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Laser Focus and Useful Information: Jeremy Osborn on Aquent Gymnasium

Laser Focus and Useful Information: Jeremy Osborn on Aquent Gymnasium

We Don't Want to Be Whimsical

Next week we will launch our first Aquent Gymnasium course, "Coding for Designers," otherwise known as, "Turn Your Comps into Code and Be the Designer Developers Love to Work With." This course will be taught by Jim Webb, who delivered one of the classes—"Make the Web Beautiful One Font at a Time"—live in New York last month.

In anticipation of the upcoming launch, I sat down to speak with Jeremy Osborn, Academic Director for Aquent Gymnasium and wanted first to know, what his role as academic director entailed.

In the main, he said, he was "responsible for the quality of curriculum," a responsibility which includes finding good instructors, providing input on types of classes we will be running, and making sure the objectives of each class are met.

In other words, he told me, "Making sure that everything does what it says on the tin."

Immediately Useful

Since Jeremy mentioned objectives, I asked him to describe the objective of the courses Aquent Gymnasium will be offering. In a word, that objective is "usefulness."

"We want each class to be useful," he said, "and immediately useful, so that folks that take a class can feel like, 'OK, I now am able to go out and do this project and, hopefully, get better clients or bigger clients or more opportunities."

To achieve this level of utility, as Jeremy describes it, the courses we are offering all have a fairly narrow focus, in terms both of the curriculum and the target student. 

"The folks that we're targeting," Jeremy explained, "are professionals. These aren't beginning classes; they aren't intended to take a raw beginner and teach them everything about jQuery or responsive design."

Instead, he continued, we're targeting "working professionals, people who have some design experience, and give them just the right amount of information that they need so that they can do their jobs better."

Choosing Course Topics

So how do you select courses that provide working professionals with useful knowledge?

"We want to make sure" Jeremy said, "that the choice of courses matches the skills of and background that employers are looking for. That's really the goal."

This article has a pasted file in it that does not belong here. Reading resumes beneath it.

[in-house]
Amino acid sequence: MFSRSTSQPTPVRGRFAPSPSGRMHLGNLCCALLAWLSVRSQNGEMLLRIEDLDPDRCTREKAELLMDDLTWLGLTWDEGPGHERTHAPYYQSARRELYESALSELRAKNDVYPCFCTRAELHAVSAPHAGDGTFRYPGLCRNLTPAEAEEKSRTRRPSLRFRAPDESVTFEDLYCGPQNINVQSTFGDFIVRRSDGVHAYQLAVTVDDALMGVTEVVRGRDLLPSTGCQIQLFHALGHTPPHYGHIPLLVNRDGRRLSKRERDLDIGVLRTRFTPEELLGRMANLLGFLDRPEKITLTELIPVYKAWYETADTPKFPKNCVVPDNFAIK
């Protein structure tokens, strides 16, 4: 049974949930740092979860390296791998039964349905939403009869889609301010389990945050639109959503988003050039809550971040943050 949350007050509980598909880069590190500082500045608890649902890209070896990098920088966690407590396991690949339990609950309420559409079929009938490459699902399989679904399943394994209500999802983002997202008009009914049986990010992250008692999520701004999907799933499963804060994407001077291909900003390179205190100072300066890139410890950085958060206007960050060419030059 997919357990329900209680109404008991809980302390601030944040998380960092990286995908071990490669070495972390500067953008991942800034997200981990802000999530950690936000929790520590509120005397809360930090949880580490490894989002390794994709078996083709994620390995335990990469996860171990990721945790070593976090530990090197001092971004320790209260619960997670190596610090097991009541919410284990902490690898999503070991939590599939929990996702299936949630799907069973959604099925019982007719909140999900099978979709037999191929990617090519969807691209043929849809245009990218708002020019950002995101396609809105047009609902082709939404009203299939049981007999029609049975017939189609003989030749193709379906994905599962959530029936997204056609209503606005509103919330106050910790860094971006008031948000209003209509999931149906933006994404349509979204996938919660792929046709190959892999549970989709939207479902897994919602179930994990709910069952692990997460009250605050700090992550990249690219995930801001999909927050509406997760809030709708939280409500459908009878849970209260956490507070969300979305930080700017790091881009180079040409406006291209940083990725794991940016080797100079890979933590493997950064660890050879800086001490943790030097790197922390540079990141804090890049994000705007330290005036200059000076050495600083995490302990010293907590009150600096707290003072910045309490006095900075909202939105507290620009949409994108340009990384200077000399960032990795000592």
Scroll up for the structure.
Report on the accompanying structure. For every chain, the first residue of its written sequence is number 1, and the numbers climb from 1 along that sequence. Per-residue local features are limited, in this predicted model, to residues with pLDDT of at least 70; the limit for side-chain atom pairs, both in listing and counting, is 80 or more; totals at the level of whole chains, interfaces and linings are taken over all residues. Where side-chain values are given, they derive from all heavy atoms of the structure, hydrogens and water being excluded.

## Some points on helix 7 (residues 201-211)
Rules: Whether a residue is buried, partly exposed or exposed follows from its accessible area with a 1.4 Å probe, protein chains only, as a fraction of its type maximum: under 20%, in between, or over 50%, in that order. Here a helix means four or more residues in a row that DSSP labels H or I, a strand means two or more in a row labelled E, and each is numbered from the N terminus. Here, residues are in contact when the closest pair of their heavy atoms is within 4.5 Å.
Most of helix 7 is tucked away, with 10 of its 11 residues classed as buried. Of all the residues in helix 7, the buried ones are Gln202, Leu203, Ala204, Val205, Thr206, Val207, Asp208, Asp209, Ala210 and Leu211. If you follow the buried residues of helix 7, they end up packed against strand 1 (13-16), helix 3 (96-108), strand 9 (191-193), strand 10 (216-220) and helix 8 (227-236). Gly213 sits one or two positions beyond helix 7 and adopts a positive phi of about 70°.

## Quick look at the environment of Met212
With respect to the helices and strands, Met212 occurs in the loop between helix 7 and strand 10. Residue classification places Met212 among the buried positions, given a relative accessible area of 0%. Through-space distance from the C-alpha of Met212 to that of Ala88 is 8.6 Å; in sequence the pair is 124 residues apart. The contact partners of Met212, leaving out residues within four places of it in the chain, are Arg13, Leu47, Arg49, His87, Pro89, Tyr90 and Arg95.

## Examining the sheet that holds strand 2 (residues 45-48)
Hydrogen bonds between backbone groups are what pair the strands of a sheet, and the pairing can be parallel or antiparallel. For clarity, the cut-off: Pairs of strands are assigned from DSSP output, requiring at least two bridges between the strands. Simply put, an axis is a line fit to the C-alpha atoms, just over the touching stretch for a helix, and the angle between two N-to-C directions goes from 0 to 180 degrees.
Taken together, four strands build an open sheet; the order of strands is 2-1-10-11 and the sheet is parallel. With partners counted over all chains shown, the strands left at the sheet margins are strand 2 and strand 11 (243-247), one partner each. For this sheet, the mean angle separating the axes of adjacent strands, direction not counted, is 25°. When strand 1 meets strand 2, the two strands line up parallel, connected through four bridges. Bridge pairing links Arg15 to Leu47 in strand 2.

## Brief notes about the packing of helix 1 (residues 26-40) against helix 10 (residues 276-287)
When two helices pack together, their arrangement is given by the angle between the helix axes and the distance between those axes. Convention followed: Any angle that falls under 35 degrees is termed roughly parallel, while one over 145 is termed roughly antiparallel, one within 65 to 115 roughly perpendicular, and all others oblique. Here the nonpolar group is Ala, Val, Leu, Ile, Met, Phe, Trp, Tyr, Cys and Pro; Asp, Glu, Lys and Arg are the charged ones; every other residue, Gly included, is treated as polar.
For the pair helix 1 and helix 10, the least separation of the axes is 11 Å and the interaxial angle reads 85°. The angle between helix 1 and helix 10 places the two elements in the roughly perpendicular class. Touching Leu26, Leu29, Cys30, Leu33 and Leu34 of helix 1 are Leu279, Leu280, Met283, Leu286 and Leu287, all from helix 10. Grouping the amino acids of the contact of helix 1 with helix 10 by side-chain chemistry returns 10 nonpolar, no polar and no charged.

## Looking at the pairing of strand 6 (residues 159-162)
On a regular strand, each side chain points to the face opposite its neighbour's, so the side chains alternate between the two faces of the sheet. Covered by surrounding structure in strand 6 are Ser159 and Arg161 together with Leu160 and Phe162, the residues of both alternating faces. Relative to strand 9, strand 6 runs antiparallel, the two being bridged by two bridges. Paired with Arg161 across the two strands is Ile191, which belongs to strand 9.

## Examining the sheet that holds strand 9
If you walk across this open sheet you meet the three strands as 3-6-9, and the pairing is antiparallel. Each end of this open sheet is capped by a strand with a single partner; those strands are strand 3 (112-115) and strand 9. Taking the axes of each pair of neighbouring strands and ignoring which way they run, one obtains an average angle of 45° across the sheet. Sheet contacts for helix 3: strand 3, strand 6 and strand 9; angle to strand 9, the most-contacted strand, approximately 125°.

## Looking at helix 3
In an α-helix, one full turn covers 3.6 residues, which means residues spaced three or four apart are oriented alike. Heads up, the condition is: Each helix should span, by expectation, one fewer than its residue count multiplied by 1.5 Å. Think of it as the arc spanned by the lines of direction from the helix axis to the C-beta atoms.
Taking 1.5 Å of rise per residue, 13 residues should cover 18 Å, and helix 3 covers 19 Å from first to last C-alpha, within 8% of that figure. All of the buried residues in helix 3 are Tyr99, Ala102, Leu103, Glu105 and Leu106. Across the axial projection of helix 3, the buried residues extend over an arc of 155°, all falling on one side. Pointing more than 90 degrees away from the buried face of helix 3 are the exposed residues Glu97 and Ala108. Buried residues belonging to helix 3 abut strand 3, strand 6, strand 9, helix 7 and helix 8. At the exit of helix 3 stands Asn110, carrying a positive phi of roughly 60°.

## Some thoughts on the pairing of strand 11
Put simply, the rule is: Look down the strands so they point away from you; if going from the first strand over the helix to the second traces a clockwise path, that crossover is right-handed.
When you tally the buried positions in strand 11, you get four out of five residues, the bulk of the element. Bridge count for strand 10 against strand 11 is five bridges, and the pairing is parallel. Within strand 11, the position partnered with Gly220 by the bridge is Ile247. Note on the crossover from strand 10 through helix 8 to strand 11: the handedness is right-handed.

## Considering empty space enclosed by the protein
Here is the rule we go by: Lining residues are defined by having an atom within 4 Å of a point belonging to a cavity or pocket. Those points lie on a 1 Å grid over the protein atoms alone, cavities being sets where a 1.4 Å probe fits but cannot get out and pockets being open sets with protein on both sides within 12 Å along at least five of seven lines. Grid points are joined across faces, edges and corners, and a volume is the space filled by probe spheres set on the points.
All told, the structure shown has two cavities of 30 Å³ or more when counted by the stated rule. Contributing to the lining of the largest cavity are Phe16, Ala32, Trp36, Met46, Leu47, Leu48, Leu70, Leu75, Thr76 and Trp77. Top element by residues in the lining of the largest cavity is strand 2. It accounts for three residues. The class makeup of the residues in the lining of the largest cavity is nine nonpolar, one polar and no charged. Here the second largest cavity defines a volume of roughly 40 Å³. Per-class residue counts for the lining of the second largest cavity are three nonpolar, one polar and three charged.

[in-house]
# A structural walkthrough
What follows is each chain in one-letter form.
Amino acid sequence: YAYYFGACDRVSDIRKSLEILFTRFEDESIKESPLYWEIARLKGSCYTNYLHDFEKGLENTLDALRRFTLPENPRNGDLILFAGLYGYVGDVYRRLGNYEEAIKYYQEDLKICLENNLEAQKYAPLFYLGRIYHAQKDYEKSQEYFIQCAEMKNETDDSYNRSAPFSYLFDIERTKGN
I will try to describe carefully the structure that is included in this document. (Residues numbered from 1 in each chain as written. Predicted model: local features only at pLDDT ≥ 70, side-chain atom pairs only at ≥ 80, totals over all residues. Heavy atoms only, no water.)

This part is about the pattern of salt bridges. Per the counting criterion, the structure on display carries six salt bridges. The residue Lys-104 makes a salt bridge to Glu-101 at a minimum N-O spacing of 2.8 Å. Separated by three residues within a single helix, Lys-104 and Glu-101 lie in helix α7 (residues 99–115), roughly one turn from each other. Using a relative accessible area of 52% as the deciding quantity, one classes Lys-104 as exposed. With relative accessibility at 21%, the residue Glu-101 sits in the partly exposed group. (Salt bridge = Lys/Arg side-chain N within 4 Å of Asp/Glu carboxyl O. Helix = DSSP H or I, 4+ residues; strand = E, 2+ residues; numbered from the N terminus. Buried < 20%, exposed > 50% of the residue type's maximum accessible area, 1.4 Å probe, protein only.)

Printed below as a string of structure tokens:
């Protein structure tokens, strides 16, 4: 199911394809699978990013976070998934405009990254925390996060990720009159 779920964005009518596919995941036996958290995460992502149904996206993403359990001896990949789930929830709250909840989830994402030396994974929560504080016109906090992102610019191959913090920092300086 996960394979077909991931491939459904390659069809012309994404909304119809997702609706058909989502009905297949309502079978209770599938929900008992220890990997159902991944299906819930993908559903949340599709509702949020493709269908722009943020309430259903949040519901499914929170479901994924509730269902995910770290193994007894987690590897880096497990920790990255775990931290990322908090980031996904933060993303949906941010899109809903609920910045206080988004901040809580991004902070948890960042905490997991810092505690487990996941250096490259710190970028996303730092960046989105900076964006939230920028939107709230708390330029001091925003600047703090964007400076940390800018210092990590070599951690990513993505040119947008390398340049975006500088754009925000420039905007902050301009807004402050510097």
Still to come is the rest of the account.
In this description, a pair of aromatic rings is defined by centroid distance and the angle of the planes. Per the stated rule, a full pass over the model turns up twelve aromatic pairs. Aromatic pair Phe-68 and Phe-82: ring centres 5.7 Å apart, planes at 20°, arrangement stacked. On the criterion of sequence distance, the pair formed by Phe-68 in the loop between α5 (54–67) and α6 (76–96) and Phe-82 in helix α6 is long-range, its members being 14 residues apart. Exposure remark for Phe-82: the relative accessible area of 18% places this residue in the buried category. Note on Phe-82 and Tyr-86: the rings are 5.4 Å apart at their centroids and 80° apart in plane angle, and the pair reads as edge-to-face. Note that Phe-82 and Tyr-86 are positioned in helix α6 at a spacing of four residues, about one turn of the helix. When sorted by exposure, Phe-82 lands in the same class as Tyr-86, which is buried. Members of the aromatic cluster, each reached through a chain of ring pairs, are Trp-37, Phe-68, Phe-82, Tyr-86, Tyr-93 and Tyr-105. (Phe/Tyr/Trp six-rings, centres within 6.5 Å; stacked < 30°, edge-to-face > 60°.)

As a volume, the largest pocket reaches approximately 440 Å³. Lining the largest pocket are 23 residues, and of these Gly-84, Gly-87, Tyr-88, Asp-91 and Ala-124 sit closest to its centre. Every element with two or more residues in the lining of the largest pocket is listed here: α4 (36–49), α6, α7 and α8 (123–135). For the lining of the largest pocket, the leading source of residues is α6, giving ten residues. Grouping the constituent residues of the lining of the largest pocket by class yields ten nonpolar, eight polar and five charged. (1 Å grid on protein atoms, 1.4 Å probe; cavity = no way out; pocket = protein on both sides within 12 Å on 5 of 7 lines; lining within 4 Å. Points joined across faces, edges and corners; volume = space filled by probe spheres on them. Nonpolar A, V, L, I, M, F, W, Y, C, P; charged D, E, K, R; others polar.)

To achieve that goal, we talk about skills gaps with our clients, something that comes relatively easy to us because, as a staffing agency, we are literally speaking with clients everyday about the capabilities they need and, specifically, the capabilities that are difficult for them to find.

We go farther than this, however, and invite clients to participate in focus groups so that we can get a broader perspective on what is happening across an entire discipline—User Experience, for example—and not just what's happening at a particular company or in a particular region.

Finally, Jeremy said, we really on the insights of our instructors to identify gaps and trends. 

"Many of the instructors and I," Jeremy told me, "have been in this business for a while and we're seeing these trends take place. Our friends are doing new projects. We're doing new projects ourselves. And we're finding that we have to keep up to date with new technology."

"At the same time," he insisted, "we don't want to be totally whimsical. We have to balance objective data with our experience."

As a result of our conversations with clients, insights from our instructors, and our more formal industry research, we settled on our first two courses: "Coding for Designers," which aims to provide designers with enough knowledge of HTML, CSS and Javascript to increase their value to creative teams in organizations large and small; and "Responsive Web Design," which allows designers to build sites that look good and perform well across a range of devices, a level of functionality that is becoming increasingly critical to our clients.  

The Right Instructors

In order to create and deliver courses with such a practical focus, you need to have instructors with both real-world experience and the ability to teach in an engaging way. 

As Jeremy describes it, "We're trying to find people who have a foot in both worlds. One world would be that of the professional designer and developer—someone who has a lot of experience under their belt."

Still, he cautioned, "Those folks are not always necessarily good teachers. So we are also looking for people who are passionate about teaching and who have shared their knowledge in any number of ways in the past, whether it be through actual teaching or perhaps they have a blog or speak at conferences."

Jeremy called Jim Webb a "perfect example" of the sort of instructor we're looking for based on his real-world experience (doing web design for National Geographic), his attention to detail, and the simple fact that he's a great presenter.

Laser Focus

Finally, I asked Jeremy what makes the courses to be offered via Aquent Gymnasium different from other online courses. 

For him, it comes down to the specificity of the courses we're offering, the type of student we're targeting, and the experience of our instructors.

"It's really this laser focus that distinguishes what we're doing," he told me.

In the end, we believe that this laser focus will best serve both the clients we serve and the talent we represent. To find out if such a focus is right for you, check us out here

Also, if you would like to hear my entire conversation with Jeremy, check it out below!

Thank you!

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